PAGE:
Grafox: An SVG Extension for Firefox

Well, today is my birthday, so I’m giving you all a present. I’m finally releasing my Grafox extension, which extends Firefox’s native SVG functionality. I’ve gotten quite a lot of requests for this, which strikes me as odd, since I haven’t promoted it much at all. I’ll also note that Holger Will also has a Zoom & Pan extension that is quite good.

Grafox adds zoom and pan controls, and support for text-wrapping, editable text, and declarative animation, among other things. And at this stage, it adds them all badly. I’m releasing it now not because it’s stable (in fact, it was more stable a few versions ago), but because it’s unlikely to get stable bit-rotting on my harddrive, and I’ll be more inspired if I have an audience. I’m also releasing it as an open source project, in a sense… anyone can take any piece of it they need, and more importantly, anyone can submit patches or feature requests. I’m hoping that by the time Firefox 3.0 hits the wire, Grafox will be stable and functional.

The permanent home for it will be on my Grafox page. Try it out, and let me know what you think.

Idiri Firefox Extension

Firefox is my browser of choice. I really like Opera, and it has excellent SVG support, but I’m a creature of habit, and I can’t shake using Firefox. One of my favorite things about it is that you can trick it out to fit how you use it. I’ve installed quite a few Extensions (community-made bits of browser functionality) that I use all the time. They have become such a part of my browsing experience that I have even forgotten they aren’t standard, and when I had a hard-drive crash and had to reinstall, I was a bit at a loss why FF didn’t have some of the core functionality I’d come to rely on… until I reinstalled the extensions. I’ve even made one for my last employer, and in my spare time, I’ve been working on an image- and SVG-specific extension for Firefox, which I’ll be releasing shortly.

One of the other things I love about FF is the context-menu option for “View Selection Source”. I use it to figure out how certain bits of a document are marked up (though I also use Firebug for that). In my standards work, I also find myself needing to cite particular sections of large documents, such as technical specifications or documentation. I cite them to point out errors, to show where a bit of functionality is specified, to help out people with questions by pointing them to a reference, to defend my interpretation of a technical issue, and all sorts of other geekademic occasions. Since these documents are usually quite long, it’s necessary to get as close as possible to the relevant section when supplying a link, and fortunately, specifications tend to be very well marked-up, with logical document structure and plenty of ID attributes for ease of linking. View Selection Source is really great for that, because I can select a section header, open up the partial source in a new window, find the id, select it, append it to the original URL preceded by an octothorpe (“#”), and use that as a reference link; of course, sometimes the id isn’t where you expected it to be, and you need to look around for it a bit…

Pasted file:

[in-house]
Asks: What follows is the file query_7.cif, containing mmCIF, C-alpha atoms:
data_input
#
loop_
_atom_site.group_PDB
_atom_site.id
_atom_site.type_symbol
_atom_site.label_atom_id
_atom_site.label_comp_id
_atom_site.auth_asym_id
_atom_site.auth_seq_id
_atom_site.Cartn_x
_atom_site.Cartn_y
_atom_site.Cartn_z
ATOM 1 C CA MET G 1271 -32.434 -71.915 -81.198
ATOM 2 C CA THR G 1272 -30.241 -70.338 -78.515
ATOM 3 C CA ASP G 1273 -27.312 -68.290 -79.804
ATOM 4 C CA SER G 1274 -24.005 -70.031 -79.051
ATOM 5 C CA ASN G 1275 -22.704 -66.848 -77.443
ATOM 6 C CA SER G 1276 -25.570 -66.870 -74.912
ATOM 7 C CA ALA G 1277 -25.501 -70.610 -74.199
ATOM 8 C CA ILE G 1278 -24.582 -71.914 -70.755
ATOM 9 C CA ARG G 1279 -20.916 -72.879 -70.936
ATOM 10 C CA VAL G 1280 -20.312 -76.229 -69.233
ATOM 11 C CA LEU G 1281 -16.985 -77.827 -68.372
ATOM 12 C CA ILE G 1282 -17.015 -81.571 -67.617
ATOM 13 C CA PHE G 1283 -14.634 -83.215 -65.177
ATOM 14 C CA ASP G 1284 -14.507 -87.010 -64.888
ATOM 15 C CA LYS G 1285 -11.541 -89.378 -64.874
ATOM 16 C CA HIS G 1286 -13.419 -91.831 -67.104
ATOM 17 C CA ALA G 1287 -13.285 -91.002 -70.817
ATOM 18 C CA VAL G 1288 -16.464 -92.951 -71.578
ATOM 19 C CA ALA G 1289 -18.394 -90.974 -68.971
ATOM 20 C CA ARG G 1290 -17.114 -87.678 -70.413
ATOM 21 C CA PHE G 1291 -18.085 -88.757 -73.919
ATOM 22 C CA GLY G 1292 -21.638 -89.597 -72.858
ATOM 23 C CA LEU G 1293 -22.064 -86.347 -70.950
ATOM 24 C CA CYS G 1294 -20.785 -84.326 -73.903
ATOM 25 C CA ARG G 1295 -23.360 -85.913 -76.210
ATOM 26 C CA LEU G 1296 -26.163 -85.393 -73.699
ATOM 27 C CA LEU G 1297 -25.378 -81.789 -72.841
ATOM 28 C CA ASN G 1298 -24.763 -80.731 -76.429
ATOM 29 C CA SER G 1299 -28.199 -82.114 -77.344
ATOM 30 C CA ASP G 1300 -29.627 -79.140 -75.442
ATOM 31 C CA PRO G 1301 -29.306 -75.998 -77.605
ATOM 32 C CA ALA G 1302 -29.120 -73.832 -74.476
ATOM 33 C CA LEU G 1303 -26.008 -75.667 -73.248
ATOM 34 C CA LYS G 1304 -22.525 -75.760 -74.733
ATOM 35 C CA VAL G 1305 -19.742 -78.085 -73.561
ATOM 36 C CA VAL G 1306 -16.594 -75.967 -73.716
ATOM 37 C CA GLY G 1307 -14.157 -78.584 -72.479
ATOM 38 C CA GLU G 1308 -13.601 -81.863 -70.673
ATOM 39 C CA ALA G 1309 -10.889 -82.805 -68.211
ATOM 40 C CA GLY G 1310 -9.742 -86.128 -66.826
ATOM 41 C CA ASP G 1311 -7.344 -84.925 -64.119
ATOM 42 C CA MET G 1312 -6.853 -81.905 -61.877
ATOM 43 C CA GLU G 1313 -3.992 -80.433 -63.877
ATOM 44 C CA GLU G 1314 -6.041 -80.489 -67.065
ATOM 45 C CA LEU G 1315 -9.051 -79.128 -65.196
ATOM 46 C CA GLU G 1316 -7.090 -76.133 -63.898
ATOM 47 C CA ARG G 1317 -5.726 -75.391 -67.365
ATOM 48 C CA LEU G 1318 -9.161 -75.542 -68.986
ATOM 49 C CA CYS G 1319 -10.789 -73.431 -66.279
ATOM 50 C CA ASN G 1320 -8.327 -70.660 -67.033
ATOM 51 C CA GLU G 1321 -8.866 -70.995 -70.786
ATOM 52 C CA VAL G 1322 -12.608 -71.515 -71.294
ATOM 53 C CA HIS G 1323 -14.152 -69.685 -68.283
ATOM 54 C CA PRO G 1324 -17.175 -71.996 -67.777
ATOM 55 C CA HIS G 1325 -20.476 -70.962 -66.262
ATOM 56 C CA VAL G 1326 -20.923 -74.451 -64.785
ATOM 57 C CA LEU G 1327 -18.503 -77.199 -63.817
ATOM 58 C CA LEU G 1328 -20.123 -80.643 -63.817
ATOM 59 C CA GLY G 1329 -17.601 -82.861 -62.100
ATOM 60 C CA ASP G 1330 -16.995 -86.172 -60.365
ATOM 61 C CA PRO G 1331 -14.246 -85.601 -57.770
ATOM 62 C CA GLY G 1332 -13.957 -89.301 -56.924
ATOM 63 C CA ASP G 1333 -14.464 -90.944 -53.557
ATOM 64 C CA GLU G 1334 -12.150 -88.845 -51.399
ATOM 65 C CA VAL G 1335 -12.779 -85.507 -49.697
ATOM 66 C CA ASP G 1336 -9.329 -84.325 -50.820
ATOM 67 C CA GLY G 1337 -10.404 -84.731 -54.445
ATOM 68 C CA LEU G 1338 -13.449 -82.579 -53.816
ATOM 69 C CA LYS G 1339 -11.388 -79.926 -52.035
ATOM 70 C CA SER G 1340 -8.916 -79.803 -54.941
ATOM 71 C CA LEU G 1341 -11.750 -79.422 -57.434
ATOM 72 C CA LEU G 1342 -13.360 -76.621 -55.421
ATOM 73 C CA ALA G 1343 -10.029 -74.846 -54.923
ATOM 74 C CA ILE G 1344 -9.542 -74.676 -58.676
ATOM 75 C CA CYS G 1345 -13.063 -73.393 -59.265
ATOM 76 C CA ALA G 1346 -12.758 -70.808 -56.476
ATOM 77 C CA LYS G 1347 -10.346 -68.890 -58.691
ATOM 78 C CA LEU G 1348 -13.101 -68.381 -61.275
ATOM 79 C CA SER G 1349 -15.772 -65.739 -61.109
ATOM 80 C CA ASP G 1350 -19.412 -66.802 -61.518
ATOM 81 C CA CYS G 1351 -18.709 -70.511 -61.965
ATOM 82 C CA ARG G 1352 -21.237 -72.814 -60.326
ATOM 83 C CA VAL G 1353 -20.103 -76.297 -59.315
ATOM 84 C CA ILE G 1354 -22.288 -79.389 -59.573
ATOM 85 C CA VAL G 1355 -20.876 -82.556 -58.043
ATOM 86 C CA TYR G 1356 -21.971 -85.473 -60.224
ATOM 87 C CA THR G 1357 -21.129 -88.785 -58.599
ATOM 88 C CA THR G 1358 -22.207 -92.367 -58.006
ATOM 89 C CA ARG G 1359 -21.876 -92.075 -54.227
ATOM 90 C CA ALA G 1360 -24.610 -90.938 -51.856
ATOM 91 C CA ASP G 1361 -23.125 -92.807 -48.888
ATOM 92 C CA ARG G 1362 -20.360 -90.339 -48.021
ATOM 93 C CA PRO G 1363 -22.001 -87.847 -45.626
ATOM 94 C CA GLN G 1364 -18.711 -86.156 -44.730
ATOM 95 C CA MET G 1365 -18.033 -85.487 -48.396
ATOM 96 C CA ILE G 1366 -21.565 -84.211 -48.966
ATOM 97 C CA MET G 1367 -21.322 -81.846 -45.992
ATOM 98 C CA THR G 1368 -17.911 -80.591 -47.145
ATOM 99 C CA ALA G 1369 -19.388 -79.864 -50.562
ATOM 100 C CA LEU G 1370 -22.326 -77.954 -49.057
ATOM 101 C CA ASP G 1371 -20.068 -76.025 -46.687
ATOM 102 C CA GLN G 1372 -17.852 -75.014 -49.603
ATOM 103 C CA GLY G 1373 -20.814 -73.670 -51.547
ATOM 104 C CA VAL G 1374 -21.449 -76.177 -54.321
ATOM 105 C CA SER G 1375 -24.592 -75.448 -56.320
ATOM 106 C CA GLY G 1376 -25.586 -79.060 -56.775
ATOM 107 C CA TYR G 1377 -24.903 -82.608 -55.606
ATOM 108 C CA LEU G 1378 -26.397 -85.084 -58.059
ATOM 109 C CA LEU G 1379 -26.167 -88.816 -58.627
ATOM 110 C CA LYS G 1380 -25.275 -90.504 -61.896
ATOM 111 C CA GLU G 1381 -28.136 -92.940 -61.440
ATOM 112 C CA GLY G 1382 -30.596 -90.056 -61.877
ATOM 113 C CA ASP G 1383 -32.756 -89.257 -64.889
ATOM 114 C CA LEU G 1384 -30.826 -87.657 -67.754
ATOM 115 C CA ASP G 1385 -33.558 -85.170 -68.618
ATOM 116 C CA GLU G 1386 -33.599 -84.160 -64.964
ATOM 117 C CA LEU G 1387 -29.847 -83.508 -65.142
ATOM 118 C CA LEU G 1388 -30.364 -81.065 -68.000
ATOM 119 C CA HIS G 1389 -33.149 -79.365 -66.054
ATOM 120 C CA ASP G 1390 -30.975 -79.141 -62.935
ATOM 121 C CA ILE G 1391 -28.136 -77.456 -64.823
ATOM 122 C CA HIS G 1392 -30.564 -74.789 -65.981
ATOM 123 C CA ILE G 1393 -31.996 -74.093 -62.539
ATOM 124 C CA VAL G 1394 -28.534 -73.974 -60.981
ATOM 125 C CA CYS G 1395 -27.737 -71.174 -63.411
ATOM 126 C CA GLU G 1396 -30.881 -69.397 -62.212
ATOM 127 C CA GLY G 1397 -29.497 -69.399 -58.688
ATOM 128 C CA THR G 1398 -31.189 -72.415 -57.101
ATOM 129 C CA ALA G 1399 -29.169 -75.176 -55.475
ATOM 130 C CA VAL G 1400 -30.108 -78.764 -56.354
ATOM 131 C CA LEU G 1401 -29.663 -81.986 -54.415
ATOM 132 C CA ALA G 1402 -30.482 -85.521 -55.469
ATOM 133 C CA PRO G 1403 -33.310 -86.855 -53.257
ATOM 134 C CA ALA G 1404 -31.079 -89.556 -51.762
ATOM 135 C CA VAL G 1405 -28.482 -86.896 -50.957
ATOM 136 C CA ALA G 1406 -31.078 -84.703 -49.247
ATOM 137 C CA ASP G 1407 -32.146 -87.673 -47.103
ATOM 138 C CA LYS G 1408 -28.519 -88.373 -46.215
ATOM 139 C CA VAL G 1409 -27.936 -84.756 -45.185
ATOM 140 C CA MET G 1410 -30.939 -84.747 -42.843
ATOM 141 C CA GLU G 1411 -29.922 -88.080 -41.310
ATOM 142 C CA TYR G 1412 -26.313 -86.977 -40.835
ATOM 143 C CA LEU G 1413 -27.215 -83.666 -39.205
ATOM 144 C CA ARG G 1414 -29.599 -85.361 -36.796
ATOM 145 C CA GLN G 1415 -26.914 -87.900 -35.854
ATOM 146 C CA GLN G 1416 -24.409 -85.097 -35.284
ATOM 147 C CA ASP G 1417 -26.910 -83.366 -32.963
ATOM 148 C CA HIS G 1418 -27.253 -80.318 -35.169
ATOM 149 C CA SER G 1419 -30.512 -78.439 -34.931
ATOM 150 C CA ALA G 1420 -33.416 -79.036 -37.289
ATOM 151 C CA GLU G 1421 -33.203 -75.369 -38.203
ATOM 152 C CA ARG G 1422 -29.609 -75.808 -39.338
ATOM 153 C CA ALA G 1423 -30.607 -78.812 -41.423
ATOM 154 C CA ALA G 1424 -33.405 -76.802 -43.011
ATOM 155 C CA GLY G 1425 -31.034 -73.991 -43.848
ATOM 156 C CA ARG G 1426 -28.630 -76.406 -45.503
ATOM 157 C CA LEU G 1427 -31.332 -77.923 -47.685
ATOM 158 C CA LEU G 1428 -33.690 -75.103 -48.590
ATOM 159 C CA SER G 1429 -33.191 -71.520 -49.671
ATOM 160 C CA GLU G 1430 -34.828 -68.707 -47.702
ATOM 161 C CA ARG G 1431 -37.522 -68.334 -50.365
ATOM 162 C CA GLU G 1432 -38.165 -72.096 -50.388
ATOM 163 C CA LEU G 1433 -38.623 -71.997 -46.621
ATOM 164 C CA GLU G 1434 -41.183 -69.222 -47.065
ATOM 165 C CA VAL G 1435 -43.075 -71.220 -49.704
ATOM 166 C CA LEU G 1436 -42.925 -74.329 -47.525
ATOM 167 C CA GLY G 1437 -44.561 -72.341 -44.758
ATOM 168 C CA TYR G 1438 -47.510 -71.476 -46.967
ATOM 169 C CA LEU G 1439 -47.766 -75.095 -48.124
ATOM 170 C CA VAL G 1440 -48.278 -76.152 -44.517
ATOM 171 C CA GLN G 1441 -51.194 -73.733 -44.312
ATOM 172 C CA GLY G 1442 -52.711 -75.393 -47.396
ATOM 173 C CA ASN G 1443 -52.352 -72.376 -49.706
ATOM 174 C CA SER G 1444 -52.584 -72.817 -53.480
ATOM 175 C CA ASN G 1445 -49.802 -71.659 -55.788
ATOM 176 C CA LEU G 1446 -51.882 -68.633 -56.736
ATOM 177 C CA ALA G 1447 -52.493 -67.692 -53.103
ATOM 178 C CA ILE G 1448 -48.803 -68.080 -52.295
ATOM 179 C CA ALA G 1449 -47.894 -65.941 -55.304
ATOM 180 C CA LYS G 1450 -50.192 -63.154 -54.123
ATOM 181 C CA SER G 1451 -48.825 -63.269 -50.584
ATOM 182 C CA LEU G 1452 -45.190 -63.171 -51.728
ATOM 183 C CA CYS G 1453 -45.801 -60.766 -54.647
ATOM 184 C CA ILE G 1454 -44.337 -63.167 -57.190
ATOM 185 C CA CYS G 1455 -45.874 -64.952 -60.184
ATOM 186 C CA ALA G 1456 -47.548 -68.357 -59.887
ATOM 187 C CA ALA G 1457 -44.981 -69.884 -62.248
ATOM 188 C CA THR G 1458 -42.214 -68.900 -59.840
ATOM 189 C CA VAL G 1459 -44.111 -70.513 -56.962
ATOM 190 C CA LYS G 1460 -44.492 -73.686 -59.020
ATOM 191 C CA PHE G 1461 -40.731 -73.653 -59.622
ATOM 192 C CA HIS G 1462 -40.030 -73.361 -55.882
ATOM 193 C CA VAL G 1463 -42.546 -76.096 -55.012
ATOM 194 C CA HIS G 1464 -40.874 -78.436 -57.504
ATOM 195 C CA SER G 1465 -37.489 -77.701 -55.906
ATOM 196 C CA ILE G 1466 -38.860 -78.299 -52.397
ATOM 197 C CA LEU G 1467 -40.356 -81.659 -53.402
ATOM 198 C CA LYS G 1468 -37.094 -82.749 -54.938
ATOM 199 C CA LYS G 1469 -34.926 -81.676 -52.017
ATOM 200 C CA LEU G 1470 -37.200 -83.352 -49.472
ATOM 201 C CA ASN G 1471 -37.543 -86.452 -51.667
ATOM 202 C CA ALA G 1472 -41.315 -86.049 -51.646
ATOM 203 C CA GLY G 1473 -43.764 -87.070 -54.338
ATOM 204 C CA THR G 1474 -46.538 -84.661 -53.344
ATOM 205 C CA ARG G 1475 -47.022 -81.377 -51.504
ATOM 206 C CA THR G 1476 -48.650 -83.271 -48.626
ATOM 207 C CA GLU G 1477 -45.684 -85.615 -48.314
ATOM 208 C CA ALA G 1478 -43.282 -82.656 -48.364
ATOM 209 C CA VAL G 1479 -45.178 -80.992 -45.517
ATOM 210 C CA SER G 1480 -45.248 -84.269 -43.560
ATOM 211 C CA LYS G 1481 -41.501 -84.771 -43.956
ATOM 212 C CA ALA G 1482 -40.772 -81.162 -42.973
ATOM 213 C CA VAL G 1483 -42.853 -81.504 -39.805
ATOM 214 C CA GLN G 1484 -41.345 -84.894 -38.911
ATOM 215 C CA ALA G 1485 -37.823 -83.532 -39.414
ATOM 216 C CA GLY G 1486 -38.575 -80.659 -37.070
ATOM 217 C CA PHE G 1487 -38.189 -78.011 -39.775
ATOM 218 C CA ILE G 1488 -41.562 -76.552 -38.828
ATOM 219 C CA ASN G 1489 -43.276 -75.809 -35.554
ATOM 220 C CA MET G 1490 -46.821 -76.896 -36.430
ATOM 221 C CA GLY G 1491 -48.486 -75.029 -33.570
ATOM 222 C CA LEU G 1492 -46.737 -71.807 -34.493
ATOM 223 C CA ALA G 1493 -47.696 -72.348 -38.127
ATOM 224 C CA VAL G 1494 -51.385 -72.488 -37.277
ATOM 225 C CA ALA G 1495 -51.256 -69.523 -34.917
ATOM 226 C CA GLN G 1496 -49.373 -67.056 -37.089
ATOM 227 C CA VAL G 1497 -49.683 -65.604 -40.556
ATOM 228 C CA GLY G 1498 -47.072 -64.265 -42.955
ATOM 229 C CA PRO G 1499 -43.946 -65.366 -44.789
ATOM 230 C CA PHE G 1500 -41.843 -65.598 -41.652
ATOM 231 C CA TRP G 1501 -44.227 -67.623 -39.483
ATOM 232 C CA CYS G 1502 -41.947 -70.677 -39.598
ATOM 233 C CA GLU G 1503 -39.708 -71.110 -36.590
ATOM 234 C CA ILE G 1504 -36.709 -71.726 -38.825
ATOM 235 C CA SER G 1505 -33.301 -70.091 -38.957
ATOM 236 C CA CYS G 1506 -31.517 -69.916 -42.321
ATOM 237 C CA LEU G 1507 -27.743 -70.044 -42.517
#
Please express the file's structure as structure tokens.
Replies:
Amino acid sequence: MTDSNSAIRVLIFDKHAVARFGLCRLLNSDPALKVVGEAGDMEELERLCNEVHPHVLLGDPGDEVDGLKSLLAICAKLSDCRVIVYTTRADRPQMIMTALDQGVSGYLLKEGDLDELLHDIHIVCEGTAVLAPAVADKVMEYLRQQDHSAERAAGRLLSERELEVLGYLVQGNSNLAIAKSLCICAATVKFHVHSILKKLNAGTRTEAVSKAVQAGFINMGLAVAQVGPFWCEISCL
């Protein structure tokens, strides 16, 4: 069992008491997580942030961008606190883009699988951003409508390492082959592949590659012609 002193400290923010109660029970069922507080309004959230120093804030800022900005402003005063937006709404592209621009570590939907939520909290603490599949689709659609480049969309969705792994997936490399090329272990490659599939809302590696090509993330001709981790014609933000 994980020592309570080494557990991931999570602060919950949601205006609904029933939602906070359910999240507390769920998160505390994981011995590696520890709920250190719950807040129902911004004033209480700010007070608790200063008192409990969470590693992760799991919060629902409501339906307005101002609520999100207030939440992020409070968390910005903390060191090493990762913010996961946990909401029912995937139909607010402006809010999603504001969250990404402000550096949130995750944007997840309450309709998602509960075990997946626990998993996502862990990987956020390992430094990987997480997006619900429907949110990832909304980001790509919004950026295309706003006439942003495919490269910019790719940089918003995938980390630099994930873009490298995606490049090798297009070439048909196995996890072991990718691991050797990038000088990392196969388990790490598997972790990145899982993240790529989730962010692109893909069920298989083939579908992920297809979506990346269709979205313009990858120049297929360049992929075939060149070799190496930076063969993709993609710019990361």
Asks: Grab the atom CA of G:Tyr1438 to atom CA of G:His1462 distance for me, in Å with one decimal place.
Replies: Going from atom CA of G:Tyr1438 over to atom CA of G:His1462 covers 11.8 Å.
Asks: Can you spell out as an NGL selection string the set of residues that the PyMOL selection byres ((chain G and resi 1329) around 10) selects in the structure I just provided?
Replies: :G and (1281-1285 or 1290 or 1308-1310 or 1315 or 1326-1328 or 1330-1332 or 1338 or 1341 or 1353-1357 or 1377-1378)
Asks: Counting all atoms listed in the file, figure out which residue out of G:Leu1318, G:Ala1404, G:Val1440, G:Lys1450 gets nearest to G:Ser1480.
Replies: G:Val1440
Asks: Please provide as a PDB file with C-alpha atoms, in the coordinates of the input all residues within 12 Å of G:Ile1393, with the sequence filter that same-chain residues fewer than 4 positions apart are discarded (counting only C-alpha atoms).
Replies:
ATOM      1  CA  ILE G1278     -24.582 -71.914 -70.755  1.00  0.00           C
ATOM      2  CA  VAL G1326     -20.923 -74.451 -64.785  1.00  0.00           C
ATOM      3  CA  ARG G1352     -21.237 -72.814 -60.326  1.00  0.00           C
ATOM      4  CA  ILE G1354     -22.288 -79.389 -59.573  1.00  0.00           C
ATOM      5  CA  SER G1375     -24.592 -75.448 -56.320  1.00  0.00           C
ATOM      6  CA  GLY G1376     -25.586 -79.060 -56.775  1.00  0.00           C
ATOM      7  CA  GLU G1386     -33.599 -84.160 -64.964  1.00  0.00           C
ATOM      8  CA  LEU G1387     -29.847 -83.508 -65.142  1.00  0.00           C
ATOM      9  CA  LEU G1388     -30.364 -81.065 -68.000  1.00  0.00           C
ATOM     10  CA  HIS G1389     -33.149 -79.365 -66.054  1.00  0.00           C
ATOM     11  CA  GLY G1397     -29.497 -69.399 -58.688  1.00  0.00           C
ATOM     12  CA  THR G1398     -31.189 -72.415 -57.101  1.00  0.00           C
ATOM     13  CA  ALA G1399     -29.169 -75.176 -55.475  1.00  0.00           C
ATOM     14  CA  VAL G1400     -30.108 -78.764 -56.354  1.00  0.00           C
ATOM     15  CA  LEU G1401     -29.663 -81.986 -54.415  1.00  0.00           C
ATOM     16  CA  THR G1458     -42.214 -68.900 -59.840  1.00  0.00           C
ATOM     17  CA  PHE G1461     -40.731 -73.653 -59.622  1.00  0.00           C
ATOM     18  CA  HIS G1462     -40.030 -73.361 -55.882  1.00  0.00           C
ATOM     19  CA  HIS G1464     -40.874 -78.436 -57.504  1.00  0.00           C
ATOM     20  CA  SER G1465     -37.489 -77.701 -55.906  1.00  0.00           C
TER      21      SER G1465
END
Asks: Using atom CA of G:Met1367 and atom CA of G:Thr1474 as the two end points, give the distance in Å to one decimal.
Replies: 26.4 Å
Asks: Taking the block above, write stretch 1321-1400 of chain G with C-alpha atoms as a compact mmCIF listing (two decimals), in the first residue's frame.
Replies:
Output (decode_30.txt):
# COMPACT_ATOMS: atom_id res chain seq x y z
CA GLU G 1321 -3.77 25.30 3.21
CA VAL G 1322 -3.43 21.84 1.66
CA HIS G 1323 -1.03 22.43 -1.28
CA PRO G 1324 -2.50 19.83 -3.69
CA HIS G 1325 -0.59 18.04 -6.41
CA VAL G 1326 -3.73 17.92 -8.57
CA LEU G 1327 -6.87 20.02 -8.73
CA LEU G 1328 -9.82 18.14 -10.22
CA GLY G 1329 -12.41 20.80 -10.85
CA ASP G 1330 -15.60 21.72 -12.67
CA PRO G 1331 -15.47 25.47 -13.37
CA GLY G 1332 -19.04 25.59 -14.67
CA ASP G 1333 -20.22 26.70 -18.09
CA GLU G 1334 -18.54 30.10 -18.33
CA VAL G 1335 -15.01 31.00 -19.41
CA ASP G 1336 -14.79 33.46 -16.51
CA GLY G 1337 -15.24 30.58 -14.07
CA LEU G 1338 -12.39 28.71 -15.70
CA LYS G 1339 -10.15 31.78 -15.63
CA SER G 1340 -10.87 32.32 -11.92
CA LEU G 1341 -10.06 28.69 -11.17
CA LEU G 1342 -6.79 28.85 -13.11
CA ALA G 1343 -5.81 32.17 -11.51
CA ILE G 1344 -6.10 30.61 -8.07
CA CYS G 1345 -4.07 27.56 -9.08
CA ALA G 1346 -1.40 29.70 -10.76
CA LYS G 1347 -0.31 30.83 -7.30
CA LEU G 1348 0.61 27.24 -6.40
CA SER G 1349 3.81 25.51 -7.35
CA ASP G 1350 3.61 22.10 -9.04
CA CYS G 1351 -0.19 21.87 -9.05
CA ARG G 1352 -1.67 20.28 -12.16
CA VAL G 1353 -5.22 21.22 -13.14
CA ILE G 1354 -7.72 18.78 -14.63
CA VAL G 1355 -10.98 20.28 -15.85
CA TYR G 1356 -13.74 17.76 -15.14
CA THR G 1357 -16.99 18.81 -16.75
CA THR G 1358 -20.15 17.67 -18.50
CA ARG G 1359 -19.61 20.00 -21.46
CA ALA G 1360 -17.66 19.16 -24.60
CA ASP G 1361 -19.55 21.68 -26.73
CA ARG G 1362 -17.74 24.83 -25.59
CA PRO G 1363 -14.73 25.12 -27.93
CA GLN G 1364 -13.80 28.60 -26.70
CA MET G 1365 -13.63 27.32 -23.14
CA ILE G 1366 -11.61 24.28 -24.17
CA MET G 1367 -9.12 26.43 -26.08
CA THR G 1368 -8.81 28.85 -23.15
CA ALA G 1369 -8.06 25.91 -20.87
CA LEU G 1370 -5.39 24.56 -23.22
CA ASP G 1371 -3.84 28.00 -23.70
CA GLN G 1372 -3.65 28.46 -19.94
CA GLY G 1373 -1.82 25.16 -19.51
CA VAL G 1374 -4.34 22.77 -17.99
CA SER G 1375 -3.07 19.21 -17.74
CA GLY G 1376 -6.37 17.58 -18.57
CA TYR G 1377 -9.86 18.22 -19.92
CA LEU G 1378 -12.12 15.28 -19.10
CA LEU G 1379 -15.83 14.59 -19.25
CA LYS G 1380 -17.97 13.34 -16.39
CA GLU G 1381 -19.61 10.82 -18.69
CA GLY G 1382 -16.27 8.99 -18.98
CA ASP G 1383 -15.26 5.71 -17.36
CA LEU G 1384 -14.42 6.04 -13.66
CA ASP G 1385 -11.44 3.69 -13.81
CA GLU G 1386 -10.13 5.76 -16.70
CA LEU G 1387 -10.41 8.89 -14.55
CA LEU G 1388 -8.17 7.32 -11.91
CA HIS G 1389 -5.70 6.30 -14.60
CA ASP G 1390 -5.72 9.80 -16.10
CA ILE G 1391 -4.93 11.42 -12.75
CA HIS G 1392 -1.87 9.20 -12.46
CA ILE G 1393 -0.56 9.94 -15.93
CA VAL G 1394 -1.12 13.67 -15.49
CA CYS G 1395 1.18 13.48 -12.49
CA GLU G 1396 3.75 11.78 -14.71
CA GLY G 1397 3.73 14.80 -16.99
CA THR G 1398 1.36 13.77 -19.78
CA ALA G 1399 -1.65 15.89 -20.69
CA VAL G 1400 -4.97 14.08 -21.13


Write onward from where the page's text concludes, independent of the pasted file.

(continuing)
Okay, you see my problem. As relatively easy as View Selection Source makes the task, it’s still a bit… shall we say, labor-intensive. To be honest, it’s not quite as cumbersome as it sounds, and I’m so used to having to kluge around like that when programming that it somehow never occurred to me that it could be easier.

It just got easier. I spent a few hours putting together a Firefox Extension that automates this process. You just right-click on the section you want to link to, and select “Copy section link”. Idiri, my extension, automagically finds the nearest preceding link to where you’ve clicked, and copies it to your clipboard. It also highlights the element that it found an id on, as a visual indicator that it’s done its job and to let you know where you’ll be linking to. Simple.

You can download Idiri (from “id” for identifier, and “iri” for “internationalized resource identifier”, a fancy way to say URL or Web address), and let me know what you think. More details below…

Continue reading “Idiri Firefox Extension”